The evo­lu­tion of Batt le Royale

XBox: The Official Magazine - - CONTENTS - Leon Hur­ley

At the rate we’re go­ing we’ll soon have enough bat­tle royale games to make them all fight to the death. Fort­nite will prob­a­bly win if we’re hon­est, but that’s not to say this game doesn’t have some in­ter­est­ing ideas. In such a band­wagon scram­ble to the top you need some­thing to make you stand out, and this is all about the hunt.

Dar­win Project has a ba­sic bat­tle royale setup – ev­ery­one vs ev­ery­one else un­til there’s one win­ner left – but with its own take on a hunt­ing me­chanic to shake things up. This is as much about track­ing the op­po­si­tion as it is killing them. All play­ers have the abil­ity to find and lo­cate each other by in­ter­act­ing with clues they leave be­hind. Ev­ery­thing you do leaves a trace, so if you craft an item it leaves scraps; chop down a tree and there’s a stump and so on. If play­ers find any­thing like this they can search them, and as a re­sult high­light the cul­prit in the world for 30 sec­onds. There are also radar screens in­side some houses where you can see the whole map and ev­ery­one on it, handy to get a quick over­view of any threats or op­por­tu­ni­ties near by. And, as you’d ex­pect from bat­tle royale, it’s a map that de­creases in size as hexag­o­nal zones shut down over time. Ac­tion sta­tions It to­tally changes the pace and feel of an oth­er­wise fa­mil­iar idea. In­stead of charg­ing around af­ter sup­plies and peo­ple to pick off, you have to con­sider all your ac­tions more – find­ing hid­den cor­ners to craft in, to min­imise the pos­si­bil­ity of giv­ing your­self away, for ex­am­ple. If you lo­cate an­other player, are you go­ing to run off af­ter them and risk meet­ing some­one else you haven’t found, or take your time and stalk them care­fully? Maybe you want to fo­cus on track­ing and see if you can scope ev­ery­one out? It gives ev­ery­thing a slower feel be­cause there’s more to think about. Are you ready for a fight? If it’s some­one you know has a few kills un­der their belt, are they geared up, or run­ning dry? And so on.

You only have an axe or bow to fight with so com­bat isn’t a spray-and-pray bum rush. The bow is slow to fire and tricky to master, as is the axe’s tim­ing, so you have to make your shots count. There’s also an in­ter­est­ing me­chanic where suc­cess­ful hits bounce play­ers away from each other. It pre­vents ev­ery­one just charg­ing in and spam­ming at­tacks mainly, but also sep­a­rates peo­ple af­ter each blow – good if you’re tak­ing a ham­mer­ing, bad if you’re try­ing to land that fi­nal killing shot, but most im­por­tantly it puts you both back on an equal foot­ing each time. That can give the com­bat an al­most duel-like feel at times. Con­tin­u­ing the hunt­ing theme, if any­one de­cides to run away they’ll leave a blood trail to fol­low.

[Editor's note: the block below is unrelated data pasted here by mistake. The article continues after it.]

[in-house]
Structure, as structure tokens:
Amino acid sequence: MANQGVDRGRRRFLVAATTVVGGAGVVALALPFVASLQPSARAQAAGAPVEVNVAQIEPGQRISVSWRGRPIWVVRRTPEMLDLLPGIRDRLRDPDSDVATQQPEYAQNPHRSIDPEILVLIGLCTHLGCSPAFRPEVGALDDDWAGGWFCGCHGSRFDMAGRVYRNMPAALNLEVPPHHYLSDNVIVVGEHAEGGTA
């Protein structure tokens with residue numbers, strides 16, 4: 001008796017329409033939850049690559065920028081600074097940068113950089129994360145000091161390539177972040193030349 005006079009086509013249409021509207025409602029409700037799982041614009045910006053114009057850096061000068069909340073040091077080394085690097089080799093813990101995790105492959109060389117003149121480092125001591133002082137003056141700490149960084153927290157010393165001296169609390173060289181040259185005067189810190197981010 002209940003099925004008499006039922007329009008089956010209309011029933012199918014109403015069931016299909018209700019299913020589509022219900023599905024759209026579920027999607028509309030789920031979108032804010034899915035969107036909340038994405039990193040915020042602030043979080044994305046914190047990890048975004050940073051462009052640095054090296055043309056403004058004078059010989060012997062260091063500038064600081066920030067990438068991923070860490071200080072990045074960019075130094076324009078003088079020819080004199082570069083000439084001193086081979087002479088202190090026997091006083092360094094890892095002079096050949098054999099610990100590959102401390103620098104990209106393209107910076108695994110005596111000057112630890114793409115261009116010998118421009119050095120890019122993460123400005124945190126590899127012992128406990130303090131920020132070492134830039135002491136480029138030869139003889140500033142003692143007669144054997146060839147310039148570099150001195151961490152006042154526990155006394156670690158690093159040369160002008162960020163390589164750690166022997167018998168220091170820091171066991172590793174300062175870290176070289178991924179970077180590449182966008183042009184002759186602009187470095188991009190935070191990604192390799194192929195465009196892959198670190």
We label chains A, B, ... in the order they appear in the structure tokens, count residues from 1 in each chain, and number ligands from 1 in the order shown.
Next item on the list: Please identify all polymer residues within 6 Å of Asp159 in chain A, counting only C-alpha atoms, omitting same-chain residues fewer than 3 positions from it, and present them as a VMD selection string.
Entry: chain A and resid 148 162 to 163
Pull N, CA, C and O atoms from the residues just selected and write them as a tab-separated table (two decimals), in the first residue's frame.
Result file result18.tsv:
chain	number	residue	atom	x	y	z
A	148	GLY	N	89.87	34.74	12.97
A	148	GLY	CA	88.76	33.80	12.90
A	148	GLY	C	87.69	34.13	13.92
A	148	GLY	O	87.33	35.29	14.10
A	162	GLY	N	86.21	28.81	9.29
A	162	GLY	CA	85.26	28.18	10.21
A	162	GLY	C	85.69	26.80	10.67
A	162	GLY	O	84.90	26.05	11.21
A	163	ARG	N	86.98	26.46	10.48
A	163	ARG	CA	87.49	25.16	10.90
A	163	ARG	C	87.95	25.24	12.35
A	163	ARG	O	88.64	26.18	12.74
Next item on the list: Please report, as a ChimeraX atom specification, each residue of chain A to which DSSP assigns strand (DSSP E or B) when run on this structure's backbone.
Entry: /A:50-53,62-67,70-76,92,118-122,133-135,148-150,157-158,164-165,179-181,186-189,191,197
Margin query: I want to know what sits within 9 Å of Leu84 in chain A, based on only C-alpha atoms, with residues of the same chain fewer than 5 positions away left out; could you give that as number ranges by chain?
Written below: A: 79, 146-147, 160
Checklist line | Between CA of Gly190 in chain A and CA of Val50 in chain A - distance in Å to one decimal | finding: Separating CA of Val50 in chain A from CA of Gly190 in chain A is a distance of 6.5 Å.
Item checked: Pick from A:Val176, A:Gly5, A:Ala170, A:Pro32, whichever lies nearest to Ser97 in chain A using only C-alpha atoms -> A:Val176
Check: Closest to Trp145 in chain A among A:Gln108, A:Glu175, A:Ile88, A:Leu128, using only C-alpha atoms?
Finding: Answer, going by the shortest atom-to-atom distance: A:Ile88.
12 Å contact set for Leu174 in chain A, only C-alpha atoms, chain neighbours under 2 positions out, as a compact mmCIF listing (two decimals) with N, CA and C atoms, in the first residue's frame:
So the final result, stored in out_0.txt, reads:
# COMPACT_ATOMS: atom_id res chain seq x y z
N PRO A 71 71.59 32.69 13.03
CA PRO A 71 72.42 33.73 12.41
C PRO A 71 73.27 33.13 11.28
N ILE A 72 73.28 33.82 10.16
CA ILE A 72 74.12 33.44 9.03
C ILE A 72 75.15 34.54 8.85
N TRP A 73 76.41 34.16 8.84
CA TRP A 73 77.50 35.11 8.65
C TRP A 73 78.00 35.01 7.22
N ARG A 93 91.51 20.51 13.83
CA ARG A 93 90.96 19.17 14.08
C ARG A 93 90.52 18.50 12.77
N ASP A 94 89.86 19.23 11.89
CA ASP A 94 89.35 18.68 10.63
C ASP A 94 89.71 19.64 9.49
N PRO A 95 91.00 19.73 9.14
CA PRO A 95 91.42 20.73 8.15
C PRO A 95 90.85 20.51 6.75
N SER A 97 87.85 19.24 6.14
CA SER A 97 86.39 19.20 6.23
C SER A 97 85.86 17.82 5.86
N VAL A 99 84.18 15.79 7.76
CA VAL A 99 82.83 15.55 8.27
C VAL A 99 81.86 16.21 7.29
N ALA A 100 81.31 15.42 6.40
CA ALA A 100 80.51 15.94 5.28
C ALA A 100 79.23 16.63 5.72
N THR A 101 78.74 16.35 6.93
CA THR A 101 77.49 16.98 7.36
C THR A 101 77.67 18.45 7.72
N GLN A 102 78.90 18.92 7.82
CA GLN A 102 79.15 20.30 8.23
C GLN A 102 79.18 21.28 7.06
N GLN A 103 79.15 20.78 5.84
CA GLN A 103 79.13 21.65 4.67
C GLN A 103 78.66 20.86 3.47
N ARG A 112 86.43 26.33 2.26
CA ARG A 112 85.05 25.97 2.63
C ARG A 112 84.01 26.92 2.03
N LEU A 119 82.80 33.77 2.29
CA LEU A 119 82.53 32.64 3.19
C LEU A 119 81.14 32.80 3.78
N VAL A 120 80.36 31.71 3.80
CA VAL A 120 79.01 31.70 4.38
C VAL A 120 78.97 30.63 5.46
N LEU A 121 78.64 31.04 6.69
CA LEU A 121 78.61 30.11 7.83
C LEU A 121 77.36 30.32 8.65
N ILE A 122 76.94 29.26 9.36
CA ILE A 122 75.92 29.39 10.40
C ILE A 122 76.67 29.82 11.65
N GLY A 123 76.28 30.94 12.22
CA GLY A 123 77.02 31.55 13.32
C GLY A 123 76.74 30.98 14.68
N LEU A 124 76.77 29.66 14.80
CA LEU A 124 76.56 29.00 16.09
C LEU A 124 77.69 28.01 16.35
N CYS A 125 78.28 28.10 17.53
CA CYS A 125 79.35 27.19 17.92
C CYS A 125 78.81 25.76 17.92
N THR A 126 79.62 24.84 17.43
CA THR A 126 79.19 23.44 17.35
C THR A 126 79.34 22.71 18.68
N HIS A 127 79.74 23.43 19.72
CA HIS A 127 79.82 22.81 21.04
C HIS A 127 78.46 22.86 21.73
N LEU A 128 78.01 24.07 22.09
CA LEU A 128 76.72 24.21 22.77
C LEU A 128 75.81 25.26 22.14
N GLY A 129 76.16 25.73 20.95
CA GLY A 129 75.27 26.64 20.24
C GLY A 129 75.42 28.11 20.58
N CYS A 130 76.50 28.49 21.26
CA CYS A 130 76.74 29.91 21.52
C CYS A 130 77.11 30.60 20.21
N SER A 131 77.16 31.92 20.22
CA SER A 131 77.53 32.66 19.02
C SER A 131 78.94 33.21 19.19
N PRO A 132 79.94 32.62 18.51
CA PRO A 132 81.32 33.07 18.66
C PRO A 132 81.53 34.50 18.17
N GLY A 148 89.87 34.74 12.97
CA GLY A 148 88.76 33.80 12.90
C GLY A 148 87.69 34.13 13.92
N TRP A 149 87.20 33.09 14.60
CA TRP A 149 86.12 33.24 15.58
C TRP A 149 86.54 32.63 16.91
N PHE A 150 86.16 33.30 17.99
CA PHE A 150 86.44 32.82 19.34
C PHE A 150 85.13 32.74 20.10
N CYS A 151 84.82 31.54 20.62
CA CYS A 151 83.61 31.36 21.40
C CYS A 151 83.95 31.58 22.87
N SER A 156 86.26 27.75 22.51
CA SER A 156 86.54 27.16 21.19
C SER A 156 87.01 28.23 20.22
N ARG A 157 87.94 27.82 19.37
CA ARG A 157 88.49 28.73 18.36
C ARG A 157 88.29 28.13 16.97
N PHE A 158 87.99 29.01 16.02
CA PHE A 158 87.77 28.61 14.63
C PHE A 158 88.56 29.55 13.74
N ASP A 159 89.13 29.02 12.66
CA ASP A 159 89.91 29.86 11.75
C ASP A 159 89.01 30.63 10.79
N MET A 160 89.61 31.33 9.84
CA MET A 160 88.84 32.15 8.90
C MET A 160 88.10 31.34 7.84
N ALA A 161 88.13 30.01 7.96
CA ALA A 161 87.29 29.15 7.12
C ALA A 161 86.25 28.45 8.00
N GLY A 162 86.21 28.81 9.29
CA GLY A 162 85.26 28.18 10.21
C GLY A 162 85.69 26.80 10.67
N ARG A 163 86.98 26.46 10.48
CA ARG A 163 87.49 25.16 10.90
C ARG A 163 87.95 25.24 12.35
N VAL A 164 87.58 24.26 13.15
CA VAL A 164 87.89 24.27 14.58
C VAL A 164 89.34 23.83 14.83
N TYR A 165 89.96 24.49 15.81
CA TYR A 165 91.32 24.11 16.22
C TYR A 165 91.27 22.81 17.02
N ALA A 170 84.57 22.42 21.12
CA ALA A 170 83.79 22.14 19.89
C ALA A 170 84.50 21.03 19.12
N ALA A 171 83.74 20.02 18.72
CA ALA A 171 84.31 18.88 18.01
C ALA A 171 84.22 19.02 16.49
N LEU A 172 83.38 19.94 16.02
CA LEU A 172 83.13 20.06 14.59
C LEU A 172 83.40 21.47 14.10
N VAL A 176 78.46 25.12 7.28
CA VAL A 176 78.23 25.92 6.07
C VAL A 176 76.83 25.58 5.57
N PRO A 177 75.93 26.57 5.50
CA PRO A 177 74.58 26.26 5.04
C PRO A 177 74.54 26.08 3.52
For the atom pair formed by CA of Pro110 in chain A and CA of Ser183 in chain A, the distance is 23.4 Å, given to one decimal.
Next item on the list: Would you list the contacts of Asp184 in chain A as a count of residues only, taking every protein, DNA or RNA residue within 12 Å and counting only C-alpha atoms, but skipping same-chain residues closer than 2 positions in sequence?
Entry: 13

Be­cause you’re all fight­ing with the same start­ing tools, mak­ing stuff to give you an ad­van­tage is vi­tal. You can craft things like ar­mour or speed boosts from the wood and leather you can find plen­ti­fully all around

you, while much rarer ‘elec­tron­ics’ let you make higher level gear like shields, or tele­porters. These are the real key to vic­tory, as a 20-sec­ond dam­age-ab­sorb­ing bar­rier can re­ally turn the tide of a fight. Sup­ply drops for these com­po­nents pe­ri­od­i­cally ap­pear through­out the match and are the main way of cre­at­ing flash points as peo­ple fight over them, be­cause ob­vi­ously the bet­ter the gear the big­ger the ad­van­tage.

Let it snow

Then there’s the cold, one other thing

Dar­win Project does dif­fer­ently. The snowy set­ting does more than add foot­prints to fol­low, be­cause you’re al­ways slowly freez­ing to death. The main way to fight that is to build a highly vis­i­ble fire, warm­ing your­self up and high­light­ing your po­si­tion to any­one who sees it. You can also use valu­able re­sources to craft warmer clothes if you think that’s more im­por­tant tac­ti­cally than ar­mour.

Dar­win Project’s clever ideas don’t just stop there ei­ther, with the ad­di­tion of a Show Direc­tor. One player doesn’t ac­tu­ally take part in the match but in­stead watches and trig­gers events that af­fect oth­ers, or the map. There are a range of things you can ac­ti­vate, us­ing a pool of points that charges over time. You could heal a player, or warm them up for ex­am­ple, or close down zones to change the shape of the map. More im­por­tantly you can drop elec­tron­ics, per­haps to help a nearby player or just to cre­ate more chaos. There are also sig­nif­i­cantly game-chang­ing abil­i­ties too, like Grav­ity Storms that leave play­ers bounc­ing around like they’re on the Moon, or Man­hunts, where you can place a loot box bounty on one per­son’s head, mak­ing them a tar­get for ev­ery­one else.

It’s early days here – there’s only ten-player matches and a sin­gle small map so far – but also a lot to like. If games like Play­erUn­known’s

Bat­tle­grounds or Fort­nite feel too big or too chaotic, this has a slower, less hec­tic pace. That hunt­ing idea also cre­ates a com­pletely dif­fer­ent feel be­cause there’s more to con­sider than just fight­ing. What’s here is ba­sic so far, but off to a good start and bodes well for its fu­ture sur­vival.

“It’s early days here – there’s only ten player matches and a sin­gle small map”

Pub­lisher Mi­crosoft / De­vel­oper Scavengers Stu­dio / For­mat Xbox one / re­lease date Out now / cost £12.49

Far Left Com­bat is a chaotic mix of bow snip­ing and axe blows.

right Fire is your friend here if you want to avoid freez­ing to death. Just try not to build one where ev­ery­one can see.

Left Be­ing a Direc­tor makes you the god of the match, dish­ing out buffs and use­ful items as you see fit for play­ers.

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